So partly this – the signaling involved and the list is teeing up such sanctions, should someone be engaged with these folks. But it also, we hope, will be something of a signal to avoid engagement with those folks for that very reason. We work very closely with people around the world to minimize their exposure to sanctions for engaging in significant Russian arms transfers. And with this new build-out of the list to cover the Russian intelligence sector to some extent as well, we are sending a signal that dealings with these people may well subject one to sanctions, and therefore we hope that people, if they come across that opportunity, will think twice.

MODERATOR: Thank you. And we’ll go on to the next question now.

OPERATOR: Thank you. We will go to the line of Ian Talley with Wall Street Journal. Your line is open.

QUESTION: Hi, yes. Thanks for doing this. Can you hear me? Hello?


QUESTION: Okay. Great. So a little bit of housekeeping. Can – do you have any details on the cost of those two transactions, the Su-25s and the S-400s? And then does that give us an idea of what the threshold is for a significant transaction? And finally, does – do U.S. entities that have Sukhoi parts, therefore, should they be concerned that their supply chain has a – product have – products from their – from a blacklisted entity?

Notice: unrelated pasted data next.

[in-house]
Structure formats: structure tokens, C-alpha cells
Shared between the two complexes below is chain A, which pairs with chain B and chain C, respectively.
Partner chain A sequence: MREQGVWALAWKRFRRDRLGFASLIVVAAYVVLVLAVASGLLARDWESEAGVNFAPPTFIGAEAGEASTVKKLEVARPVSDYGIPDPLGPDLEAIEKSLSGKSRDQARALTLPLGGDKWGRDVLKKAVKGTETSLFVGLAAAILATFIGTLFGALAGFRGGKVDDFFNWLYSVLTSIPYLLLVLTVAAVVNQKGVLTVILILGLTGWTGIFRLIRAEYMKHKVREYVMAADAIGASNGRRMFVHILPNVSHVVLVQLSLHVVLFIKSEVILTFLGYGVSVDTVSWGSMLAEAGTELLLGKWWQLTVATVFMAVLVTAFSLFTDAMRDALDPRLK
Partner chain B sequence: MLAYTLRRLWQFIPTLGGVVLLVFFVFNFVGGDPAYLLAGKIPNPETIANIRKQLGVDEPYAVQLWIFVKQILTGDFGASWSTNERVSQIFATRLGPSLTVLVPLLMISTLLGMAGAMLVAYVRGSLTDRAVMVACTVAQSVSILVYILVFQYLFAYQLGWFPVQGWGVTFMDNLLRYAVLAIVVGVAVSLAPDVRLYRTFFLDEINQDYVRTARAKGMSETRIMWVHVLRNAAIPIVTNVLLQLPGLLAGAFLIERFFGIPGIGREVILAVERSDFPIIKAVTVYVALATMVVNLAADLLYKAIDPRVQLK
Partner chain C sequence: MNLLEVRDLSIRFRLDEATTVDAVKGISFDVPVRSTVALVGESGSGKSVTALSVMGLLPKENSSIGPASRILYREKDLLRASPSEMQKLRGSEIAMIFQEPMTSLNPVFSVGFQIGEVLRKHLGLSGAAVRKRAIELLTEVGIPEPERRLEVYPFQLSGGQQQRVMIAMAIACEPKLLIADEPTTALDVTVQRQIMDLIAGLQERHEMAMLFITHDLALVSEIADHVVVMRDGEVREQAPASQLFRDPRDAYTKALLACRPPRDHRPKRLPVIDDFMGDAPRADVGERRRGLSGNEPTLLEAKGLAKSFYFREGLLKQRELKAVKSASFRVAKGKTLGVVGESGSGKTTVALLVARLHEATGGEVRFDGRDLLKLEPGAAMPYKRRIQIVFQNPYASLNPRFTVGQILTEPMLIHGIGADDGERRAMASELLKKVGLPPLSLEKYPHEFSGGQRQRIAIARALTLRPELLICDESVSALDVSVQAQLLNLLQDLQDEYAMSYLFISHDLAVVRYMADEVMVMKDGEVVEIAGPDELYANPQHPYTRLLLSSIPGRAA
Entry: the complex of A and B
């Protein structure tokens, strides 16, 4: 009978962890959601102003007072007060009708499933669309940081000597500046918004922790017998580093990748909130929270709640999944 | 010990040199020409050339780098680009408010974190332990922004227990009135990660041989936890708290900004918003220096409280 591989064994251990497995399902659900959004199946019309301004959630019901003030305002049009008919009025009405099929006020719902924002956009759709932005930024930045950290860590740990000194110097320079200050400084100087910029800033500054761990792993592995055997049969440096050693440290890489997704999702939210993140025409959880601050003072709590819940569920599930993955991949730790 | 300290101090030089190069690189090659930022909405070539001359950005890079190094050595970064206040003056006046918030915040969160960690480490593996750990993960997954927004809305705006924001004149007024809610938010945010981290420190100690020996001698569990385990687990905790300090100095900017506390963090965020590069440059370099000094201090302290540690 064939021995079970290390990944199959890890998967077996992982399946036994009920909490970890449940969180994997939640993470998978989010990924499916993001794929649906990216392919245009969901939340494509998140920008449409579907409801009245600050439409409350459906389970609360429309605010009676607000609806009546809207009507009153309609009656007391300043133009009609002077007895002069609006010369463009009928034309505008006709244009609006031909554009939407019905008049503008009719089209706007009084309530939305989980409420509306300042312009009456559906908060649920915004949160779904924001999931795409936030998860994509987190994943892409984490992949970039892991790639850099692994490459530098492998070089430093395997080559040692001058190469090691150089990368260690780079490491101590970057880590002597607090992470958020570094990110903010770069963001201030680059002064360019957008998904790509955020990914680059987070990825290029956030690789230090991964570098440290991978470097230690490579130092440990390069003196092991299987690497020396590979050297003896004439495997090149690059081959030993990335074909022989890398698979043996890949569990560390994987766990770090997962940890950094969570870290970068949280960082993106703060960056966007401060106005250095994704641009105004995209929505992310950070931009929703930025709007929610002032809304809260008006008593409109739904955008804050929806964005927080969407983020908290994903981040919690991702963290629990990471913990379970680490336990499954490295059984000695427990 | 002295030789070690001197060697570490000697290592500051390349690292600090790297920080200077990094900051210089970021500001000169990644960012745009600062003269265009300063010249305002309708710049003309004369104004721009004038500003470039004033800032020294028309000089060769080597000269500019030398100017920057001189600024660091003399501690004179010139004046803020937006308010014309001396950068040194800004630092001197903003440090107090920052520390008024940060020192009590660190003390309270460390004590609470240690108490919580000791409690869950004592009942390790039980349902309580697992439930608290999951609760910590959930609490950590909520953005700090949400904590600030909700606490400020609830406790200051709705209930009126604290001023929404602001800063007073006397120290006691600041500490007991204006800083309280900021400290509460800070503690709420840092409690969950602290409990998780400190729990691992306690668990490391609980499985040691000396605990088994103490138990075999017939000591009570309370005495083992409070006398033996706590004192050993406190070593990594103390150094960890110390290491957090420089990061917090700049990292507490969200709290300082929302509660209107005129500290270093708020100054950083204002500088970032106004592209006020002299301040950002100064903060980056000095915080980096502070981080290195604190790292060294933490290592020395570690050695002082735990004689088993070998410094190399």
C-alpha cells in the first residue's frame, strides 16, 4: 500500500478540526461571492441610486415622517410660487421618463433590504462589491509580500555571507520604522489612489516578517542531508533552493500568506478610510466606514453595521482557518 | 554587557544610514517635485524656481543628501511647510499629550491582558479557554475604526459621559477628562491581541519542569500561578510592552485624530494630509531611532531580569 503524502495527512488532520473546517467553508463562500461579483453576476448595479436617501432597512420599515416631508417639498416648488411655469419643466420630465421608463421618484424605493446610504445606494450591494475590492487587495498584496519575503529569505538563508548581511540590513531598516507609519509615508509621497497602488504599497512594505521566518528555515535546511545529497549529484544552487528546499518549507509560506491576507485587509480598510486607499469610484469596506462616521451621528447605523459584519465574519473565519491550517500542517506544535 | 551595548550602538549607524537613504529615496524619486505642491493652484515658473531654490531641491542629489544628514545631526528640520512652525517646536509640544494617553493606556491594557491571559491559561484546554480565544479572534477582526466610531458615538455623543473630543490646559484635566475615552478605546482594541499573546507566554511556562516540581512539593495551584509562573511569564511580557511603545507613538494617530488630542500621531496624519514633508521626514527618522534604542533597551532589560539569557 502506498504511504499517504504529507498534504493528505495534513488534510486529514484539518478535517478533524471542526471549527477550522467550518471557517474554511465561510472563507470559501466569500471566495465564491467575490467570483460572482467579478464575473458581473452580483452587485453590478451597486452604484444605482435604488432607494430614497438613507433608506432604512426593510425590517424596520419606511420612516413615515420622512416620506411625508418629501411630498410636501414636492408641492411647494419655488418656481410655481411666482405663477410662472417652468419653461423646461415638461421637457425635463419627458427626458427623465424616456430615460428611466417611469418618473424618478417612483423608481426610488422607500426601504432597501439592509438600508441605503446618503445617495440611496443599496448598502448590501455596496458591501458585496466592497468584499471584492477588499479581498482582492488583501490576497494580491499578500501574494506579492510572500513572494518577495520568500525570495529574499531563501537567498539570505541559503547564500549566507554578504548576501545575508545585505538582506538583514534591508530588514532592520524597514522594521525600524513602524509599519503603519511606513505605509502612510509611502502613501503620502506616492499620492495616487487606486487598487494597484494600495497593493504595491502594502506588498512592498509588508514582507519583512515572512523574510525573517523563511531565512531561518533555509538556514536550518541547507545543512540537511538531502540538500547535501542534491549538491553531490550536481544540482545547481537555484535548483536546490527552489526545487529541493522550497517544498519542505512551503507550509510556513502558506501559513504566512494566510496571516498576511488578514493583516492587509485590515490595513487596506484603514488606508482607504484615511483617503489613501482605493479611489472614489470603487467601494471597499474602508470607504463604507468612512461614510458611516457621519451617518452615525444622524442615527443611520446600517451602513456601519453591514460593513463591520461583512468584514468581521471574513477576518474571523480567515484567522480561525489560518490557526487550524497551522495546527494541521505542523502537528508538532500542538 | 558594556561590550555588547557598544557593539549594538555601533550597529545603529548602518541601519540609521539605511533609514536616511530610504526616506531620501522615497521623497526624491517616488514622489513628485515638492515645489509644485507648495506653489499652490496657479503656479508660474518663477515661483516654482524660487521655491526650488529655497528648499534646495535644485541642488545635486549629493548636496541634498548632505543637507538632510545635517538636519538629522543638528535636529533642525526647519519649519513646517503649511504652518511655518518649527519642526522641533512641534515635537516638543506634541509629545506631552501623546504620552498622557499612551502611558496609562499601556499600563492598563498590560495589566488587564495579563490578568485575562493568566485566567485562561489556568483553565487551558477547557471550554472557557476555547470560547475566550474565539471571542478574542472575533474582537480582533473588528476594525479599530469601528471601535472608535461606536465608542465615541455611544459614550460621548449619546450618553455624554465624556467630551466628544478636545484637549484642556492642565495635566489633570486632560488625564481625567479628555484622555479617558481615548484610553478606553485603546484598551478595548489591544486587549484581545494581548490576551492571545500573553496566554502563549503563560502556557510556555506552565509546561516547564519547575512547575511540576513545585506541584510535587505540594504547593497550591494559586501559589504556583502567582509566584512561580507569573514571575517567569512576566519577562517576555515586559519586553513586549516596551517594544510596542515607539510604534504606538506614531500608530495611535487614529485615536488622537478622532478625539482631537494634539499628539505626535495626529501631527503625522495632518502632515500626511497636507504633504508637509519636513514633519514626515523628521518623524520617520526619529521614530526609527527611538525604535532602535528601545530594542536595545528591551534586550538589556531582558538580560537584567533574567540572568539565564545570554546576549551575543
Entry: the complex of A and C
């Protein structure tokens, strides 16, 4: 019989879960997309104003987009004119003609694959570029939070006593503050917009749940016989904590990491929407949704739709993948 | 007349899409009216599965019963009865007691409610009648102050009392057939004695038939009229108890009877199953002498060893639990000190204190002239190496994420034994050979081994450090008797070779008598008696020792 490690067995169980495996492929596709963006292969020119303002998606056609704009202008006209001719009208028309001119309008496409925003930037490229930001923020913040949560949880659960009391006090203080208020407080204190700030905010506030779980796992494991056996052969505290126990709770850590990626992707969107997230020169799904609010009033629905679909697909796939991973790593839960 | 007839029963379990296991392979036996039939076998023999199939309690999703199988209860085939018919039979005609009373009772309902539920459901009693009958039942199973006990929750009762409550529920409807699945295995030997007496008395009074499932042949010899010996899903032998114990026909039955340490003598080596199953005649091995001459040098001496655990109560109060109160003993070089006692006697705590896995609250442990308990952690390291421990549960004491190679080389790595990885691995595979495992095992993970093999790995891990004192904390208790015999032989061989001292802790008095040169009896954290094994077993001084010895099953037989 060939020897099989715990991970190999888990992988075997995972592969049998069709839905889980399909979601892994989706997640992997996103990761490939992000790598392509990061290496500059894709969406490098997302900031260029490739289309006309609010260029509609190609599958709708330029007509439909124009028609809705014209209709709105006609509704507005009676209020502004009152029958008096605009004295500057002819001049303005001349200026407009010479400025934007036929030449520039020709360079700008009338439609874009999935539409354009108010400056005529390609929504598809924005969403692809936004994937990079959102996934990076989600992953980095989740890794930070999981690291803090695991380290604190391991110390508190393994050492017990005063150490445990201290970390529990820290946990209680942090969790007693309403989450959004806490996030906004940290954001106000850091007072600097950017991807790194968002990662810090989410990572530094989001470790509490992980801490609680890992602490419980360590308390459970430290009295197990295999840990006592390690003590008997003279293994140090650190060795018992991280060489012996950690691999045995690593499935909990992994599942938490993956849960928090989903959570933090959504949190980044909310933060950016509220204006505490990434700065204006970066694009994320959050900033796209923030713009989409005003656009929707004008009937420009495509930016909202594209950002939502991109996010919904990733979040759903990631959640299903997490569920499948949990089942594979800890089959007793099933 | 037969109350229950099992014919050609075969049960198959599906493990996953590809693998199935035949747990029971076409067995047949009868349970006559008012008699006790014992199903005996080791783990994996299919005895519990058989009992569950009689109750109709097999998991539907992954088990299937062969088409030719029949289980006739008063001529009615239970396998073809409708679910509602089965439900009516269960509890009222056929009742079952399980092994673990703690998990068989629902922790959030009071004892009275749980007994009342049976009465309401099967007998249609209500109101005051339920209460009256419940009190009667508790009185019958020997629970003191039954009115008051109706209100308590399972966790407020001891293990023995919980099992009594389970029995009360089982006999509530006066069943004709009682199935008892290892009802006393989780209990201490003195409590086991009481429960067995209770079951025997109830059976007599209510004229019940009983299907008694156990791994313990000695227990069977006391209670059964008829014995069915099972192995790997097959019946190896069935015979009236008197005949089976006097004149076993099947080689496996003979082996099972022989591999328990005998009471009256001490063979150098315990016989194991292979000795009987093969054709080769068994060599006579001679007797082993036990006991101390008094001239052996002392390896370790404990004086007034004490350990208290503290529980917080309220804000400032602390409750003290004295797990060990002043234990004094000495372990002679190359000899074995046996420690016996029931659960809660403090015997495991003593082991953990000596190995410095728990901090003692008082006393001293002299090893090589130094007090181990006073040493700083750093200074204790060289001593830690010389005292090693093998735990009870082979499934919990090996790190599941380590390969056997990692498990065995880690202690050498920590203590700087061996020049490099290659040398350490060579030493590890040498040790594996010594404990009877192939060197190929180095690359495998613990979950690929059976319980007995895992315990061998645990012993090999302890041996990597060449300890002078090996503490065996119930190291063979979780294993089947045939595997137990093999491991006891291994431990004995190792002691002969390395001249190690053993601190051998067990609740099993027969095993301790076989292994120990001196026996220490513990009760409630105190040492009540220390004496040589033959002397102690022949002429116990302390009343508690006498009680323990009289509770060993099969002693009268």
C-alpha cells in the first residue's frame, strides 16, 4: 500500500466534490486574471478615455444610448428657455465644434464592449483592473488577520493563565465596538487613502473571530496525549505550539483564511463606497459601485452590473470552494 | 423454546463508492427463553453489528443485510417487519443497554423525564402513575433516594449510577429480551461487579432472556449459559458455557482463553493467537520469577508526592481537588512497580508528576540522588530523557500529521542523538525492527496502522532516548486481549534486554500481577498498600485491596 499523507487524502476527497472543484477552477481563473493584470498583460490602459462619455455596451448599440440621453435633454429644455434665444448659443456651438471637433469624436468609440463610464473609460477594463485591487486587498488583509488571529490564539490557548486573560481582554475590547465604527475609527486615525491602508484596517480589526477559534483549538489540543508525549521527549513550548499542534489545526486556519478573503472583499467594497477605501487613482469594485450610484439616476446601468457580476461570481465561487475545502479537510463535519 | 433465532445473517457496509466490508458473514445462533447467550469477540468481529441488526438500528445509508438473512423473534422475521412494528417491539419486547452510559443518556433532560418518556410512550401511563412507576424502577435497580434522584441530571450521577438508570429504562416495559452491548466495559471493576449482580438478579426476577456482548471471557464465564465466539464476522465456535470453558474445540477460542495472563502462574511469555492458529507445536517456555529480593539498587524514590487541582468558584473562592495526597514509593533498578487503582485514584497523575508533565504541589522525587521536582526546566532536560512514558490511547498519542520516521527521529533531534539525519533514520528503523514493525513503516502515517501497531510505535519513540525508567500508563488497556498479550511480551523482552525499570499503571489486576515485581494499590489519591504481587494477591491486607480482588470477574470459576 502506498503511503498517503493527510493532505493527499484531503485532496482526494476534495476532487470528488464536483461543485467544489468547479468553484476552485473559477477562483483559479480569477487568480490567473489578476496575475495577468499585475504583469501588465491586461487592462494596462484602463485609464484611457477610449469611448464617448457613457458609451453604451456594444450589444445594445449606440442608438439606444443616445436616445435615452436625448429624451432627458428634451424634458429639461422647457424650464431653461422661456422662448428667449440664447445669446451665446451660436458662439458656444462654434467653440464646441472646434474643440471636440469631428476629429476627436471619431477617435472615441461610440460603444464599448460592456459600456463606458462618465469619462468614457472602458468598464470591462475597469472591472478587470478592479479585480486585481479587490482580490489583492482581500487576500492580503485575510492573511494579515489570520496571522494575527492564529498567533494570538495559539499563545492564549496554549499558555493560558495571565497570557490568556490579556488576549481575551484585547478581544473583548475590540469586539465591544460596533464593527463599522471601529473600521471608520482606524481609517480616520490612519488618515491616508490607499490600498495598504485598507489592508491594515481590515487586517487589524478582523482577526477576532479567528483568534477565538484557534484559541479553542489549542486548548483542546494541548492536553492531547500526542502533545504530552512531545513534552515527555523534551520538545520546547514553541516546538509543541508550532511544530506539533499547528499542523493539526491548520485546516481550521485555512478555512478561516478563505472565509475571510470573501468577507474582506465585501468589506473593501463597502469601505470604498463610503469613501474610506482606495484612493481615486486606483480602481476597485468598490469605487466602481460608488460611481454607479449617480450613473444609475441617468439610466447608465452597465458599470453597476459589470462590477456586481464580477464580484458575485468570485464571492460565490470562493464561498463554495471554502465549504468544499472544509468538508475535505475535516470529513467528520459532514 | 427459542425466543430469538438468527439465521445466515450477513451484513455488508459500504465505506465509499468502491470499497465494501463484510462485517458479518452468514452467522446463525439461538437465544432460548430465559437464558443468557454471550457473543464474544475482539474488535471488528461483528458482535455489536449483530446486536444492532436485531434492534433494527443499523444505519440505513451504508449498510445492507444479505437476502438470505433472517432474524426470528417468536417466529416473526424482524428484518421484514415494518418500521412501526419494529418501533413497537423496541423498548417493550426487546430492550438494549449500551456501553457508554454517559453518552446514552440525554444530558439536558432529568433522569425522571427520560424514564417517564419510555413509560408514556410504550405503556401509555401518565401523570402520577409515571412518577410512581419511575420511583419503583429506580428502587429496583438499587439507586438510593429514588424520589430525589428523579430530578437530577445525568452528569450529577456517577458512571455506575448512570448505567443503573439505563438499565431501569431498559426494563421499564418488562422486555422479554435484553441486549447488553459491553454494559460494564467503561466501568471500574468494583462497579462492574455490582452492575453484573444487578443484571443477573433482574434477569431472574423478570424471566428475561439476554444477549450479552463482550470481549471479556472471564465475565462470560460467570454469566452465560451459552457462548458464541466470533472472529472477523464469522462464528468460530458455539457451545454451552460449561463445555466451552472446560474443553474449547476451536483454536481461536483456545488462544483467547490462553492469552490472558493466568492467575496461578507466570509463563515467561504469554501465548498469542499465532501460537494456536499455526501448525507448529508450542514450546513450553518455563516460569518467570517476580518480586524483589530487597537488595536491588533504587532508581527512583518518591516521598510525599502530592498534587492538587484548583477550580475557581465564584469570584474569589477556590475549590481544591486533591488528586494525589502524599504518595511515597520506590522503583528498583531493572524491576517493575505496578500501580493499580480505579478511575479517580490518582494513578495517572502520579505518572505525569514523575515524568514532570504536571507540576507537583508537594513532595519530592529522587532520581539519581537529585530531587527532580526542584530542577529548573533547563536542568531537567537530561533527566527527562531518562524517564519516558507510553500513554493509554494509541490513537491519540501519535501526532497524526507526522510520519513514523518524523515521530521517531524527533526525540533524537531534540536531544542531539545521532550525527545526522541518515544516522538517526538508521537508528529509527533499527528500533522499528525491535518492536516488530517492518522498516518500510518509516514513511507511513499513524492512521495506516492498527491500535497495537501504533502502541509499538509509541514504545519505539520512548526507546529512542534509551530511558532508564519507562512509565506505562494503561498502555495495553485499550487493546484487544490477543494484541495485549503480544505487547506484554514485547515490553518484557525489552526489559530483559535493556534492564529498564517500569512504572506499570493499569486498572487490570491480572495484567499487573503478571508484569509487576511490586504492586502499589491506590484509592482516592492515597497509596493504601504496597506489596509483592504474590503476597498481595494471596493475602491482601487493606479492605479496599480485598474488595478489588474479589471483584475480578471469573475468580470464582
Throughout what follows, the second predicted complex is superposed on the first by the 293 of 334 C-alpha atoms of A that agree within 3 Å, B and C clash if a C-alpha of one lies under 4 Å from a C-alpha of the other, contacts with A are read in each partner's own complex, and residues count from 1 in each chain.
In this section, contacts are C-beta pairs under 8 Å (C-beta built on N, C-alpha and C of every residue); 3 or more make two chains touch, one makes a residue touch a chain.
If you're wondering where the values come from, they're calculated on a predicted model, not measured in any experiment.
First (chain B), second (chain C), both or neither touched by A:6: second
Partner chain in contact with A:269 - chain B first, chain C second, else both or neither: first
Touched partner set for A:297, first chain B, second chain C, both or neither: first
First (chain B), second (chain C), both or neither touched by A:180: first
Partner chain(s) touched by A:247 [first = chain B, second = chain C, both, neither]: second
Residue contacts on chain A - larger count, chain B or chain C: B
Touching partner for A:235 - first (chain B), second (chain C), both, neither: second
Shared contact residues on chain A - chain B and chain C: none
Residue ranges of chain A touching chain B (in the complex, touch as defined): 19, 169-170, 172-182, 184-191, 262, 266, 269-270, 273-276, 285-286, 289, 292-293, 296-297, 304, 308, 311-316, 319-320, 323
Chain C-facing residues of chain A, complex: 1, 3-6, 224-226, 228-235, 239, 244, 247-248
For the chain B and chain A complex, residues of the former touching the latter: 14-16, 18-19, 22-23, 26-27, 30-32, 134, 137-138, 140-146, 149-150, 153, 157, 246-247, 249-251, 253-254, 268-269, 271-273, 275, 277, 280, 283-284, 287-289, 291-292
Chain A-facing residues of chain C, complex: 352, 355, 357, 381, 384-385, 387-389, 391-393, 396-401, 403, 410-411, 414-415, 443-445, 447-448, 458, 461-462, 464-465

SENIOR ADMINISTRATION OFFICIAL ONE: Okay. I’ll try to take those three elements in the order you asked them. First, with respect to the costs, I am not in a position to provide information to you all at this point about the specific costs of the transaction. And I certainly understand your interest in trying to decode from an understanding of those costs what it might mean to be a significant transaction, but I think that is an – that would be an unwarranted conclusion. There are a lot of factors that go into deciding when a transaction is significant. Cost is certainly part of it. The significance of that transaction, both in terms of its security impact upon us and its – frankly, its security benefits to the Russians as well as any other circumstances that may be relevant at the time —

QUESTION: Okay. That’s helpful.

SENIOR ADMINISTRATION OFFICIAL ONE: — go into this. So there – it is not quite so simple an algorithm as the question might seem to suppose. So I have no doubt the cost of this fancy equipment was rather significant, but that is not necessarily the determining factor, and I couldn’t tell you what the number is at this point on this call anyway.

With respect to your question about parts, we have been pretty consistent in our messaging throughout the process of enforcing – or implementing, I should say – Section 231 of the CAATSA statute that we are not targeting things such as simply the provision of spare parts and maintenance. That is not of particular concern to us at this time. We are focusing most of our efforts upon the much – the bigger ticket items, the items – transactions that involve significant qualitative changes in the nature of military equipment shipped abroad or things of that nature.